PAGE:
This review of randomised controlled trials (RCTs) aimed to look at the benefits and harms of MPA versus AZA in primary immunosuppressive regimens after kidney transplantation, including their efficacy for maintaining graft and patient survival, prevention of acute rejection, maintaining graft function and their safety, including infections, malignancies and other adverse events. Expand
CONVERSION OF AZATHIOPRINE TO MYCOPHENOLATE MOFETIL AND CHRONIC GRAFT FAILURE PROGRESSION
TLDR
Conversion of AZA to MMF in recipients with CAN was without significant benefit on the progression of chronic graft failure over the period of a year, and morphological changes negatively correlated with graft function. Expand
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TLDR
MMF is associated with a significantly lower rate of treatment failure compared with AZA during the first 6 months after renal transplantation and produces a clinically important reduction in the incidence, severity, and treatment of acute graft rejection. Expand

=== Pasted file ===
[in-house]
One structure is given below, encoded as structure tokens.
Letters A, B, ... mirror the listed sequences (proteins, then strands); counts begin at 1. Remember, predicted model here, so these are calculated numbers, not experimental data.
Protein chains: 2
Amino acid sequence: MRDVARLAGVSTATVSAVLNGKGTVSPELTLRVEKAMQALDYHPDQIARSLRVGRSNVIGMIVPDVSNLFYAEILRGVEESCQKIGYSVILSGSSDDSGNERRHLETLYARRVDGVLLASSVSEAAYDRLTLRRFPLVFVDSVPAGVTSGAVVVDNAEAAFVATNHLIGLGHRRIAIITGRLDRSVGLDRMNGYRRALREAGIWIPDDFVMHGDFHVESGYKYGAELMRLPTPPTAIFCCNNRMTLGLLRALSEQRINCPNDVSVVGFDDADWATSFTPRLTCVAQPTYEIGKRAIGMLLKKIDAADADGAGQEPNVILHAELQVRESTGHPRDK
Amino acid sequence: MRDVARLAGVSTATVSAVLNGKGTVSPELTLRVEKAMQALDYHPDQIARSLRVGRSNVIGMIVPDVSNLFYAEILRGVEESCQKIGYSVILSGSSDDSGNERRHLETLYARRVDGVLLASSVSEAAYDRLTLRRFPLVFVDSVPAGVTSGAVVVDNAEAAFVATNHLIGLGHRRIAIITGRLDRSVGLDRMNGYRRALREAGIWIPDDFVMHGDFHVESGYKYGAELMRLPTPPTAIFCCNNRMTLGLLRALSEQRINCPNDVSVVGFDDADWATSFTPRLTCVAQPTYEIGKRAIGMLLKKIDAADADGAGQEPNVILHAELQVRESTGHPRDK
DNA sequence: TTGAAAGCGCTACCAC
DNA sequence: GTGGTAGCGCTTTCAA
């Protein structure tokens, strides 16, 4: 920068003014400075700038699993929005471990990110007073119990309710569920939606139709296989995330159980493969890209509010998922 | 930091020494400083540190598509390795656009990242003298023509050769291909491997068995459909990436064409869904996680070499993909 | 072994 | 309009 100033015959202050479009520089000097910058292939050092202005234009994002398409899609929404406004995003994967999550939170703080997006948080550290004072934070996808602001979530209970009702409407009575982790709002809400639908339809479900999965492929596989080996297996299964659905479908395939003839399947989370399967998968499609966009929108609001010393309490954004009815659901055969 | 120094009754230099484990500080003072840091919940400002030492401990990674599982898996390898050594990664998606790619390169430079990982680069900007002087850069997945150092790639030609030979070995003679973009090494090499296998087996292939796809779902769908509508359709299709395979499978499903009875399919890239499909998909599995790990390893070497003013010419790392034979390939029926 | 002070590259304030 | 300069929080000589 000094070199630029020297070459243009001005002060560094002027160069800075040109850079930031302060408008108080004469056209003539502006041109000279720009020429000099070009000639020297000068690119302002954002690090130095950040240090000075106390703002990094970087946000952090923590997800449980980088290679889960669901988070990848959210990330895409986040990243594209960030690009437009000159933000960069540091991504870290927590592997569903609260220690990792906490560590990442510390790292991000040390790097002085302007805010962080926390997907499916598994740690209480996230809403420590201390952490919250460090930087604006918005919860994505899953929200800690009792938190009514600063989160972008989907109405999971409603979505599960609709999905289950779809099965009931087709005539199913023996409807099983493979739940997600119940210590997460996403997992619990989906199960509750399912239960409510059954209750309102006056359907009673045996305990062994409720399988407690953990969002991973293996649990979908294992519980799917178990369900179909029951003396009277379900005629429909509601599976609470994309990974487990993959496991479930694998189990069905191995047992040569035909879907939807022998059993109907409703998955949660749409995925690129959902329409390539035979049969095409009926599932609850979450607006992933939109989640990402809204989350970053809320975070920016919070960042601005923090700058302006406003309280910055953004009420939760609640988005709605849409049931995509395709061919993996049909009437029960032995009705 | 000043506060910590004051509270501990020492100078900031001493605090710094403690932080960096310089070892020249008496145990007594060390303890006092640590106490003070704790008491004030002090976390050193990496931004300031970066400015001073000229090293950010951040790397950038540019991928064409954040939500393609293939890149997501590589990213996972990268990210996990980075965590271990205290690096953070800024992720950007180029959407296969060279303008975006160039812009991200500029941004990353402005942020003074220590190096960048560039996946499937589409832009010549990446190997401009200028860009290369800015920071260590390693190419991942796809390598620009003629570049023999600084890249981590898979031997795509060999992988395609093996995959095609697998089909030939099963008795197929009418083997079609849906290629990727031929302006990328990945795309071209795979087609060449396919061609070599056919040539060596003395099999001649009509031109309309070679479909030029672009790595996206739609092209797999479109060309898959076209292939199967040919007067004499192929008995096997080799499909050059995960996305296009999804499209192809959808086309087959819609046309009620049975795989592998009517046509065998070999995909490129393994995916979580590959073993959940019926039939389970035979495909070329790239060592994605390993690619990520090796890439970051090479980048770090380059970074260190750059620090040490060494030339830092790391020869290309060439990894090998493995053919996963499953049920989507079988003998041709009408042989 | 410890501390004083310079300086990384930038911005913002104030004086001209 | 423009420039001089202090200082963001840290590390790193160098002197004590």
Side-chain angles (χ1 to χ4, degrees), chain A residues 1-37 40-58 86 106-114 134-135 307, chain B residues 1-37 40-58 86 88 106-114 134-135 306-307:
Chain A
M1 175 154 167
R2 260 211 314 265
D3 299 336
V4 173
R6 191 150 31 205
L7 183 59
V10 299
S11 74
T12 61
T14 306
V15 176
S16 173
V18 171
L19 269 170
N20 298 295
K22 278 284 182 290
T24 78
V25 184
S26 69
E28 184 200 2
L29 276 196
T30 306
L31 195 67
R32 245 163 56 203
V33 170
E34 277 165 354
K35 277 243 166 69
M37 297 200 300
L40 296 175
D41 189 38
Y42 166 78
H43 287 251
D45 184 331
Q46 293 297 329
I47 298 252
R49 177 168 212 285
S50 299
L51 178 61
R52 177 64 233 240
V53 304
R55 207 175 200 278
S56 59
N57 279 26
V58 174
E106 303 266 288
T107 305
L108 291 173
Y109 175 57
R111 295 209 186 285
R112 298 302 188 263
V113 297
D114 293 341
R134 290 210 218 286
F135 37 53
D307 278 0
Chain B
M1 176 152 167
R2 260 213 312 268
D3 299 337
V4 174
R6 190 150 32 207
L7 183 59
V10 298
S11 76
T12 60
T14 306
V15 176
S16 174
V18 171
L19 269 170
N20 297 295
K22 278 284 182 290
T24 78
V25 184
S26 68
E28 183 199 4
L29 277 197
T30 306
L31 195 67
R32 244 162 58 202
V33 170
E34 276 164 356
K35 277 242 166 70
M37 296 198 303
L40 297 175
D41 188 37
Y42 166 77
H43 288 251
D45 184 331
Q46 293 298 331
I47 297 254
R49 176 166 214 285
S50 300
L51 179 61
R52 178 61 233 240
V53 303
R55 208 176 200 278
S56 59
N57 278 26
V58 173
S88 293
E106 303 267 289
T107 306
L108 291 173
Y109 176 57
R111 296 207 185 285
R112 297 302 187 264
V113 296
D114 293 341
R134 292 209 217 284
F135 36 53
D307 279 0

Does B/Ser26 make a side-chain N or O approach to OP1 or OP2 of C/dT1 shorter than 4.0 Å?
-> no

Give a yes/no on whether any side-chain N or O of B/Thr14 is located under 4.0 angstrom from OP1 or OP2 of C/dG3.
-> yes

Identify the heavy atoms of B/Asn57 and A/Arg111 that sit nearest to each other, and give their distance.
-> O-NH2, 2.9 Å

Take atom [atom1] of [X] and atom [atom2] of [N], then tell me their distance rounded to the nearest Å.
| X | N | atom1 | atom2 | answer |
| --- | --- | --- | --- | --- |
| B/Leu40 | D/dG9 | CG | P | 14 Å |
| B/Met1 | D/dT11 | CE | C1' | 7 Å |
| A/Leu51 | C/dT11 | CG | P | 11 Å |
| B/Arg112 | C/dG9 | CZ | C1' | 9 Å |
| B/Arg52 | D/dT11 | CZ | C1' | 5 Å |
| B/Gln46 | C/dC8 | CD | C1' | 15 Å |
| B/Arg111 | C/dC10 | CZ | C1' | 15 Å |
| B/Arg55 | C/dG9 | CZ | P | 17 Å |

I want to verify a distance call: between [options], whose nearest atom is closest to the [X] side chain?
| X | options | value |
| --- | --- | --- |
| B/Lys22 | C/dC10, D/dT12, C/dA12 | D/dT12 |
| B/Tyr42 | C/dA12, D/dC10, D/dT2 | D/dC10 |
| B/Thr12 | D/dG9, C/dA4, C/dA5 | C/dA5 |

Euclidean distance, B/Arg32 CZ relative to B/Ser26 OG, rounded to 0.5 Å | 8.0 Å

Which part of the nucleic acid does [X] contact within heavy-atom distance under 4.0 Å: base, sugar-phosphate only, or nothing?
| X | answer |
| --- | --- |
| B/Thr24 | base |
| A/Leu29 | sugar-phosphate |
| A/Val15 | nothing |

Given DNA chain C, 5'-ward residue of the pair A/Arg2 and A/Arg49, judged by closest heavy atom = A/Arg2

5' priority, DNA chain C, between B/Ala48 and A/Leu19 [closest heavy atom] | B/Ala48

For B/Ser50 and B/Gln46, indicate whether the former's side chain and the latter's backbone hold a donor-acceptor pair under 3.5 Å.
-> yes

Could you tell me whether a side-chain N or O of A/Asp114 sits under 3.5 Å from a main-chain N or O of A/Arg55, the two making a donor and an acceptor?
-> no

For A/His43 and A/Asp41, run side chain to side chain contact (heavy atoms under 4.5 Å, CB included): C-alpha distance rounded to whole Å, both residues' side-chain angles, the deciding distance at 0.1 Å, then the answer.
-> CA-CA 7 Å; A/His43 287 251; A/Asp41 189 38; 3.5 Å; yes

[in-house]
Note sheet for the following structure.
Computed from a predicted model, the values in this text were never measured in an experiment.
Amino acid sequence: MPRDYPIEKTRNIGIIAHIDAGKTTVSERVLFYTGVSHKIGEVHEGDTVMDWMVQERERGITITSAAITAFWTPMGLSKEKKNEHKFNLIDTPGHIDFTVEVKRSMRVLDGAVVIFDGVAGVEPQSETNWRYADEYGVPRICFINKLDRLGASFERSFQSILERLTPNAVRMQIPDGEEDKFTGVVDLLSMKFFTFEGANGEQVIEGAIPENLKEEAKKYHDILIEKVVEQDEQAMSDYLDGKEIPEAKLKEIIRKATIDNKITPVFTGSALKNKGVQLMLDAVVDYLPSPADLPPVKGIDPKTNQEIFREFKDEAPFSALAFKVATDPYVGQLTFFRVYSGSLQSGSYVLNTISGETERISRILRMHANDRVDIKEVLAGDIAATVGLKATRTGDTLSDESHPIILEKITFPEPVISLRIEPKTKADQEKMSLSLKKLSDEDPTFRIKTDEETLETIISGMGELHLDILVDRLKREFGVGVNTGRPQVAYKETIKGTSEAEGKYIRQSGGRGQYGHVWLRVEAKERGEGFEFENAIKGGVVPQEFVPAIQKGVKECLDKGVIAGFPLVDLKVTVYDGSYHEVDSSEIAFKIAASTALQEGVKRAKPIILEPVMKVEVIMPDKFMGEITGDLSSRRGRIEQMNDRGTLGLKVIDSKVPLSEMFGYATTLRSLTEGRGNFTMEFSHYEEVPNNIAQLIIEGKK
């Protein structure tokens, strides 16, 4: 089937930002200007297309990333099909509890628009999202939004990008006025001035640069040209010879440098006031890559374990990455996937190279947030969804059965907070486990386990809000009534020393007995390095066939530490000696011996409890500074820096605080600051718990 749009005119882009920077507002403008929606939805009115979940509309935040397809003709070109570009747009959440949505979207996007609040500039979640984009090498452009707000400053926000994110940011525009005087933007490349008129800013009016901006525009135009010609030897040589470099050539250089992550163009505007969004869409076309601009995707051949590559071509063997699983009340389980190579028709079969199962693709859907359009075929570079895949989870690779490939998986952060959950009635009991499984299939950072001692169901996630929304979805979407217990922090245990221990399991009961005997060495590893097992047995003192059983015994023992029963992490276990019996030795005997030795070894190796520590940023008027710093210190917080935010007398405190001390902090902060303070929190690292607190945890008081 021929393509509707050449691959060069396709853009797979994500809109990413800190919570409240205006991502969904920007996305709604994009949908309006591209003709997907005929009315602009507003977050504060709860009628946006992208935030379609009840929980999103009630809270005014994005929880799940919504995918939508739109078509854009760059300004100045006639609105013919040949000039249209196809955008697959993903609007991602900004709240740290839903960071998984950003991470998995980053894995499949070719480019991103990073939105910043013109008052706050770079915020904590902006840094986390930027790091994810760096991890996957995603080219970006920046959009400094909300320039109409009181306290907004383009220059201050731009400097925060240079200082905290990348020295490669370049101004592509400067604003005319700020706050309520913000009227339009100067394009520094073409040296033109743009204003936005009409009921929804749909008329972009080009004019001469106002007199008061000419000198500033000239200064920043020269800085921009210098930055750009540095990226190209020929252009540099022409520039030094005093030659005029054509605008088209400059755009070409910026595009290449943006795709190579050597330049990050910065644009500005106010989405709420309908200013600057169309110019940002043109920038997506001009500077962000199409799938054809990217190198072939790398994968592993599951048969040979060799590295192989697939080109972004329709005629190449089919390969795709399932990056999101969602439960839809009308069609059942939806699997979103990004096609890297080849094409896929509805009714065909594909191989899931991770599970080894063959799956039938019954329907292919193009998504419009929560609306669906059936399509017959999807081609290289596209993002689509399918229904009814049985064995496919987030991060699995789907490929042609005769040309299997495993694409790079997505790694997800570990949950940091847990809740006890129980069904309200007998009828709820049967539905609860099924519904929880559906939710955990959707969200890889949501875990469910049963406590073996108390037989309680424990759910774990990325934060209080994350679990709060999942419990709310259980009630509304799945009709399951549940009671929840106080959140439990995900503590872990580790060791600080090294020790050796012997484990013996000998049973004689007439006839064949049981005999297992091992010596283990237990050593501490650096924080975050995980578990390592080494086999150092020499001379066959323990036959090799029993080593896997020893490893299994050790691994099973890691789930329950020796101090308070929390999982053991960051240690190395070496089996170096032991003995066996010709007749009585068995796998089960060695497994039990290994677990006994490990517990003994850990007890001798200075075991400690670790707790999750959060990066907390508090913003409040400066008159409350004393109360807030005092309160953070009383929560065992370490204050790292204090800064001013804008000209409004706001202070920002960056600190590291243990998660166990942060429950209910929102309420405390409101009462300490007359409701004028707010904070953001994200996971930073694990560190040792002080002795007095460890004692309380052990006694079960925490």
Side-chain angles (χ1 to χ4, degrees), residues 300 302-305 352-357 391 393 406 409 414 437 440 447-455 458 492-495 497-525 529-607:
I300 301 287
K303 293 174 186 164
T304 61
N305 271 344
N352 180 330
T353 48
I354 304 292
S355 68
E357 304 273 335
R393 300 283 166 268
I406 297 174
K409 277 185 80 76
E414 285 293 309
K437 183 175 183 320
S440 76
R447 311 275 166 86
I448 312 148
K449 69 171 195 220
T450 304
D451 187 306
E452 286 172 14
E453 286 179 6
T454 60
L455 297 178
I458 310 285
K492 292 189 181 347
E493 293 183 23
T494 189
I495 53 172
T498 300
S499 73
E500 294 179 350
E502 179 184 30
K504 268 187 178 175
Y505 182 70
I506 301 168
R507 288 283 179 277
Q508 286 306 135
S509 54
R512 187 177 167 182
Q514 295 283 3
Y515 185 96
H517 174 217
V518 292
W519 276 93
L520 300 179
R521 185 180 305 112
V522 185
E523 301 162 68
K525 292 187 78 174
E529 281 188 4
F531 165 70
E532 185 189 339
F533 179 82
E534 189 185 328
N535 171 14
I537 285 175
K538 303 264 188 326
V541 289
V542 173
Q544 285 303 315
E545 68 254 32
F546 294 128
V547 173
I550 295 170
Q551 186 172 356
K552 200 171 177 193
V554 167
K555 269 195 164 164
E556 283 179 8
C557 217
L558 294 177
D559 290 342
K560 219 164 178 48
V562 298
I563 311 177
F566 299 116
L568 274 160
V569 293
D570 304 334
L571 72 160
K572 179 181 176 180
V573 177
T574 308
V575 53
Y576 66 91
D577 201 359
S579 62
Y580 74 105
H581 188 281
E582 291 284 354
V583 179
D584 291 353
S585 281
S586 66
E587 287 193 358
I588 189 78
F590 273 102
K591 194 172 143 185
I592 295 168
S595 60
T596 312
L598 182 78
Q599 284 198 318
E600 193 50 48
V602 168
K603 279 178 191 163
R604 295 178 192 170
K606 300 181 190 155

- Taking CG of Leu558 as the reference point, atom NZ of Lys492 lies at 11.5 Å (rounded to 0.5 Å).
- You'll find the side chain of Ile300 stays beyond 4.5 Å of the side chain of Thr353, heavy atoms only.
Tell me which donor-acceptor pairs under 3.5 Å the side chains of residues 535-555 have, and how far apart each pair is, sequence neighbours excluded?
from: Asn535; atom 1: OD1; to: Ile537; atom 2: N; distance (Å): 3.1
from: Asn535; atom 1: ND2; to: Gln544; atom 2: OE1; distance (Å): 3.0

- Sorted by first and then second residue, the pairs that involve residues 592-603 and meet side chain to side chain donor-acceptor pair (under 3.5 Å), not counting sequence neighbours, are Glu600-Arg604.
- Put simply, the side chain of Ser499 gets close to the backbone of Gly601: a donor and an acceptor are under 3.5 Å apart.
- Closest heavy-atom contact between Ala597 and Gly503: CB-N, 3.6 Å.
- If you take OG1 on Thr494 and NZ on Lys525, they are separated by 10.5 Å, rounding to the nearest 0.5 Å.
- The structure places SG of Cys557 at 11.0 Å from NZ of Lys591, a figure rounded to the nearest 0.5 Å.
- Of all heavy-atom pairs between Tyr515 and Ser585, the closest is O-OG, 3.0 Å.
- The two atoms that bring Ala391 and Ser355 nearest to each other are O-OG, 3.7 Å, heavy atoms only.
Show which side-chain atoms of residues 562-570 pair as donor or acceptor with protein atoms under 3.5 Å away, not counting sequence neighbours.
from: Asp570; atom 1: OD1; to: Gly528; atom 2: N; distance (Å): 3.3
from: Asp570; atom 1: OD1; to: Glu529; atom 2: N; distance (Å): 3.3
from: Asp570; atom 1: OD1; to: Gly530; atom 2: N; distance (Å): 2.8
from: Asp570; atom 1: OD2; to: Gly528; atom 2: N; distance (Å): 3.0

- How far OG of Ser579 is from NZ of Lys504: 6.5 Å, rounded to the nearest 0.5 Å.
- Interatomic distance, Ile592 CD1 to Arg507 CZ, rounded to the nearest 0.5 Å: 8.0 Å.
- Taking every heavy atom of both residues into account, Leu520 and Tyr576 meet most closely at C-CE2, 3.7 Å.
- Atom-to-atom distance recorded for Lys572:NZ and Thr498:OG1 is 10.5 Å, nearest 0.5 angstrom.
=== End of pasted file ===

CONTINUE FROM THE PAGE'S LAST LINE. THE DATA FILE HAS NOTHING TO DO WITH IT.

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TLDR
Mycophenolate mofetil, a new immunosuppressant that selectively inhibits proliferation of T and B lymphocytes, may reduce the frequency and severity of acute graft rejection in adult patients during the first 6 months after renal transplantation. Expand
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TLDR
This study demonstrated that MMF administered at a dosage of 2 g or 3 g daily, in combination with maintenance CsA and corticosteroids as triple therapy following ATGAM® induction therapy, is more effective than an otherwise identical regimen that includes azathioprine instead of MMF in preventing acute allograft rejection in first cadaveric renal transplant patients. Expand